Many of you may have heard, that the serotonin “chemical imbalance” theory of depression was recently put to rest by a group of University College London (UCL) scientists in the journal Molecular Psychiatry. After reviewing decades of research, there’s no evidence that serotonin levels or serotonin activity are responsible for depression, they wrote. In other words, the theory that was the basis for prescribing selective serotonin reuptake inhibitor (SSRI) antidepressants was false.
“The popularity of the ‘chemical imbalance’ theory of depression has coincided with a huge increase in the use of antidepressants,” stated the article’s lead author, Joanna Moncrieff, a professor of psychiatry at UCL. “Prescriptions for antidepressants have risen dramatically since the 1990s.“ Thousands of people suffer from side effects of antidepressants, including the severe withdrawal effects that can occur when people try to stop them, yet prescription rates continue to rise.
“We believe this situation has been driven partly by the false belief that depression is due to a chemical imbalance. It is high time to inform the public that this belief is not grounded in science.”
It’s generally agreed that SSRI antidepressants sometimes work, though not impressively, and not for all patients. But why?
“Any drug or stimulus that changes normal brain activity is likely to have some impact on mood, and by changing brain transmitter chemistry, antidepressants may also produce changes to normal mental activity and experiences.” Stated Dr Randy Beck, executive director of the Institute of Functional Neuroscience, Perth Australia.
Dr Beck continued “This also brings into question what antidepressants are doing: if they are not correcting an underlying chemical problem, as people are often told (“like insulin for diabetes”), then other ways of understanding what they are doing, such as providing hope (the placebo effect) or numbing emotions (a common report by patients) may be more accurate descriptions”.
Other researchers suggest a possible SSRI mechanism could be decreasing “neuroinflammation [in the brain] through multiple mechanisms including the reduction of blood or tissue cytokines or regulating complex inflammatory pathways.”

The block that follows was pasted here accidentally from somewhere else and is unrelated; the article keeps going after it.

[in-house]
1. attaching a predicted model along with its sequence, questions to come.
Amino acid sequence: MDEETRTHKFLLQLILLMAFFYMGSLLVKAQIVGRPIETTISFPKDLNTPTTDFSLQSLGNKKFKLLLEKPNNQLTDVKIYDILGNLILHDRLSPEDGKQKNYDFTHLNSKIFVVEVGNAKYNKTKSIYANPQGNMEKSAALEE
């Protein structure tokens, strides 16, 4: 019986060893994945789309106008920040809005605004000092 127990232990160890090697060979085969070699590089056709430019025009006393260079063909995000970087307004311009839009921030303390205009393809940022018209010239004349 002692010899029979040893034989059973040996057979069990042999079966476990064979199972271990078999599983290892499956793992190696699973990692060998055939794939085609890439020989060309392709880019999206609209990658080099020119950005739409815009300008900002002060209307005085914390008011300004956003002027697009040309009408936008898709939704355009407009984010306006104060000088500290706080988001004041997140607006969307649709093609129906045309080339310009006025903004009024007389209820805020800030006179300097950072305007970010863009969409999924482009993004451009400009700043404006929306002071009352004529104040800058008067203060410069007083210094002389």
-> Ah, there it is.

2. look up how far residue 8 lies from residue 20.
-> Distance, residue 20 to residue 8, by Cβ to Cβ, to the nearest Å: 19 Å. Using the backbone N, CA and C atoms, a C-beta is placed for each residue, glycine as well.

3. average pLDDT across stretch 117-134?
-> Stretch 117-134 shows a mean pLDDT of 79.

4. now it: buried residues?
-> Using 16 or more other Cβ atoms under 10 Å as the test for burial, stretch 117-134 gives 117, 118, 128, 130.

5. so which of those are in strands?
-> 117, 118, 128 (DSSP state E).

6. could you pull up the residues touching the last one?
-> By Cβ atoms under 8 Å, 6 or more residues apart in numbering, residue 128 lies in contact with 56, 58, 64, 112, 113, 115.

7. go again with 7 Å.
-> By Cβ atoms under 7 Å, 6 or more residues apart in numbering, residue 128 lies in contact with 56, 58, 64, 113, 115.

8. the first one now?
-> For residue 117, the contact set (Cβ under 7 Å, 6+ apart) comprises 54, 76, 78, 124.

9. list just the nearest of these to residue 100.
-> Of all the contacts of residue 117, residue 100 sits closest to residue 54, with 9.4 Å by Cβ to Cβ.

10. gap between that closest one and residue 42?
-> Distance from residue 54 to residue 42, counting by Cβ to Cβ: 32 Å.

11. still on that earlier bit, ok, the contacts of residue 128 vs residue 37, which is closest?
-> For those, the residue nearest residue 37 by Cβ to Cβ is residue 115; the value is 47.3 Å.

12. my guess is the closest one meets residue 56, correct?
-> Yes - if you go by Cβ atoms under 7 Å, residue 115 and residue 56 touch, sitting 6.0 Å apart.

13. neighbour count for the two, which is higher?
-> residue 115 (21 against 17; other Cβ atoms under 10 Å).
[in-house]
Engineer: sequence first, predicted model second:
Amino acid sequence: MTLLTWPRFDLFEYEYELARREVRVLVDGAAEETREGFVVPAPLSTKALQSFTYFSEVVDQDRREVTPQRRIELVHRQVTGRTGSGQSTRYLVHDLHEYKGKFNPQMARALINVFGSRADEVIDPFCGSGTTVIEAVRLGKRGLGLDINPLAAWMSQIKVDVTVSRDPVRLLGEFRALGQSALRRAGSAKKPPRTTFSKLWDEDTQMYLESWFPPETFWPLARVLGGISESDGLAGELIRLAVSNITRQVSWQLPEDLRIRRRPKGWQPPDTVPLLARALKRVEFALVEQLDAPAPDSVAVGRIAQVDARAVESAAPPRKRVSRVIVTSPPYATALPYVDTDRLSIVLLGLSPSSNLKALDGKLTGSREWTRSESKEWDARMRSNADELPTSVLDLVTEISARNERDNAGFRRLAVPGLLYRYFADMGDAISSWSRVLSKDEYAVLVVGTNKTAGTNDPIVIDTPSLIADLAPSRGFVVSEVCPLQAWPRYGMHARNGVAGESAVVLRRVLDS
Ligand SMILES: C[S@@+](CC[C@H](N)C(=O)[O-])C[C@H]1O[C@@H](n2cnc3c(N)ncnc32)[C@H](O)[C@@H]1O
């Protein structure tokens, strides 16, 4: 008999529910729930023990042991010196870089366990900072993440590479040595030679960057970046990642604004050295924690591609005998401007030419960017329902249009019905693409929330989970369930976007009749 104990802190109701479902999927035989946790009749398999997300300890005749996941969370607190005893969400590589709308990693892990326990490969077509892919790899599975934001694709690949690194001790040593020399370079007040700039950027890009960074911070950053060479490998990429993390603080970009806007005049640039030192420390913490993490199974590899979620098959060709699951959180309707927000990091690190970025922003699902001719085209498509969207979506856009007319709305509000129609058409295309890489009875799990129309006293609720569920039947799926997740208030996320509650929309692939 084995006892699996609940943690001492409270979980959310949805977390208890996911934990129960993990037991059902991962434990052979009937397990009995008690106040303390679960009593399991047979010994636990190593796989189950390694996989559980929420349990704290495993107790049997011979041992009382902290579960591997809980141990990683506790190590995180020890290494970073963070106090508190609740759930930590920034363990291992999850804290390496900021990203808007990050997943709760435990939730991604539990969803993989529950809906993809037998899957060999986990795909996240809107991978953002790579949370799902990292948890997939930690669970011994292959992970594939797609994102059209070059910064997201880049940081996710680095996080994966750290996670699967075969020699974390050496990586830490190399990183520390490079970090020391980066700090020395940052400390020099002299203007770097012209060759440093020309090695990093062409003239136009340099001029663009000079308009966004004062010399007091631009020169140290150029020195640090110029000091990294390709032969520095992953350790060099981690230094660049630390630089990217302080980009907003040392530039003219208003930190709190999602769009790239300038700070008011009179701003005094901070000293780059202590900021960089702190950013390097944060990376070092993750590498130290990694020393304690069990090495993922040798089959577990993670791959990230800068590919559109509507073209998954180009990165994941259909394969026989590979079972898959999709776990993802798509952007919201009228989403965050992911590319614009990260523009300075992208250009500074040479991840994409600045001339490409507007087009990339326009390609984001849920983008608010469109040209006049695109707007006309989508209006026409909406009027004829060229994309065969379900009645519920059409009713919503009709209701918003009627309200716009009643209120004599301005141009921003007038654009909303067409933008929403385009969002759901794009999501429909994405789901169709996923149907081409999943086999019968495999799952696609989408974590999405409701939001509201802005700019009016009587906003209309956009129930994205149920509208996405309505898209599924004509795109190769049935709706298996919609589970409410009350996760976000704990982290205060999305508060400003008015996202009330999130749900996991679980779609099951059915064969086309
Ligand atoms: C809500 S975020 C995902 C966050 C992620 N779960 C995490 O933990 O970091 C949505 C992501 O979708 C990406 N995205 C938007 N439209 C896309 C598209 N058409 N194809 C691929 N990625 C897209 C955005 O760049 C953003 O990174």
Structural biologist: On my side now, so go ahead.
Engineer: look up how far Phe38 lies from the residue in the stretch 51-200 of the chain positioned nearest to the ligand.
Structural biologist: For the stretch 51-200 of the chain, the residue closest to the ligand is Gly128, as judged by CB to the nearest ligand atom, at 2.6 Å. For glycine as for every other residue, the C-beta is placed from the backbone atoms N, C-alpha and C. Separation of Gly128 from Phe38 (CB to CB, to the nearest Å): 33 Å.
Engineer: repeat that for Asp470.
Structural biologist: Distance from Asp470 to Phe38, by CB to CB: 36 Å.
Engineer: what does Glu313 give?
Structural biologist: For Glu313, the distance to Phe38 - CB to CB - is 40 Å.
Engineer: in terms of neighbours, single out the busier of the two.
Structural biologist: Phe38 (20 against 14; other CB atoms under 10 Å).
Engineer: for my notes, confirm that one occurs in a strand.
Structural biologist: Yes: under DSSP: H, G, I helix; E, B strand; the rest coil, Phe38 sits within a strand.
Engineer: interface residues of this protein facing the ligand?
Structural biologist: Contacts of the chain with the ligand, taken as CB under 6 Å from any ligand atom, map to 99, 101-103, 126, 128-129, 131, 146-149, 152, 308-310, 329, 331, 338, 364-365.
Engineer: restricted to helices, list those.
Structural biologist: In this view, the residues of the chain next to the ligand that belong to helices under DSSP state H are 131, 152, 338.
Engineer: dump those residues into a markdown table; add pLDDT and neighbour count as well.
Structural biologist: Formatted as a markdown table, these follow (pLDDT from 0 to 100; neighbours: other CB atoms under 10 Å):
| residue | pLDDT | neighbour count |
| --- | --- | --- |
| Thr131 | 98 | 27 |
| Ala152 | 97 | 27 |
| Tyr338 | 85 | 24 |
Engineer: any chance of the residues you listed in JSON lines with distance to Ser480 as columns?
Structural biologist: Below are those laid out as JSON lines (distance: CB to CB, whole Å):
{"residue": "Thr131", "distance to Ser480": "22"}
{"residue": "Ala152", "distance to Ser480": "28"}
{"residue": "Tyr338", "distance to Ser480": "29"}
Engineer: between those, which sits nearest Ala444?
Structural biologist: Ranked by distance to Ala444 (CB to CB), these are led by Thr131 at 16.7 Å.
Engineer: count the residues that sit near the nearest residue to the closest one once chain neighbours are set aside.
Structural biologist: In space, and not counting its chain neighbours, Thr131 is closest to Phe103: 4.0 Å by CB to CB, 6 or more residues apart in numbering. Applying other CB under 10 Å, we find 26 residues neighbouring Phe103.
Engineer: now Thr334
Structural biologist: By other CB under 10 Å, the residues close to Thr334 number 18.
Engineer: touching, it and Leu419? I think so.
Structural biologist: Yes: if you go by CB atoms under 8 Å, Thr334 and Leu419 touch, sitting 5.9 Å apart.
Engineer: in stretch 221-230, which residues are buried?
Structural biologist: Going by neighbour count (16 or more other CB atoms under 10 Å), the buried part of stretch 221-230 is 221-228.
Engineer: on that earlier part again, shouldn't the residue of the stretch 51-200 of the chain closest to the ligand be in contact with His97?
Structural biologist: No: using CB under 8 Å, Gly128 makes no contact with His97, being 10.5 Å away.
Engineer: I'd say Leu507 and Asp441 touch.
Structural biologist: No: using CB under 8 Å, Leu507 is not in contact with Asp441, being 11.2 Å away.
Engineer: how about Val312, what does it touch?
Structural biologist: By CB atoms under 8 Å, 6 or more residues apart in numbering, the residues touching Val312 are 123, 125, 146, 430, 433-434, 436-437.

Whatever the explanation, it remains true that other methods to treat depression, including exercise, non-invasive brain stimulation and cognitive behavioural therapy, have proven efficacy with additional benefits and no side effects.
“We have been helping people overcome depression for years at the Institute utilising non-invasive brain stimulation techniques, nutritional supplementation and simple cognitive exercise“ concluded Dr Beck.
If you would like more information about depression treatment alternatives or which to make an appointment please contact the Institute of Functional Neuroscience on 618 6254 2282 or by email at [email protected].
Please note that no one should stop their antidepressant medication abruptly this can be dangerous and is known to cause withdrawal effects, which can be severe and long-lasting in some people, especially those using the medications long-term. If anyone is considering this choice, we advise you to discuss it with your doctor and, if you go ahead, to undertake a gradual and supported reduction as advised by the Royal College of Psychiatry.
Moncrieff, J., Cooper, R.E., Stockmann, T. et al. The serotonin theory of depression: a systematic umbrella review of the evidence. Mol Psychiatry (2022). https://doi.org/10.1038/s41380-022-01661-0
Beck, RW et al. Modulating Cortical Asymmetry: The Transdiagnostic Reduction of Depressive and Anxiety Symptoms Utilizing a Novel Therapeutic Approach. Asia Pacific Journal of Neurotherapy (APJNT), 2019, vol 1, No 1, pages 004-022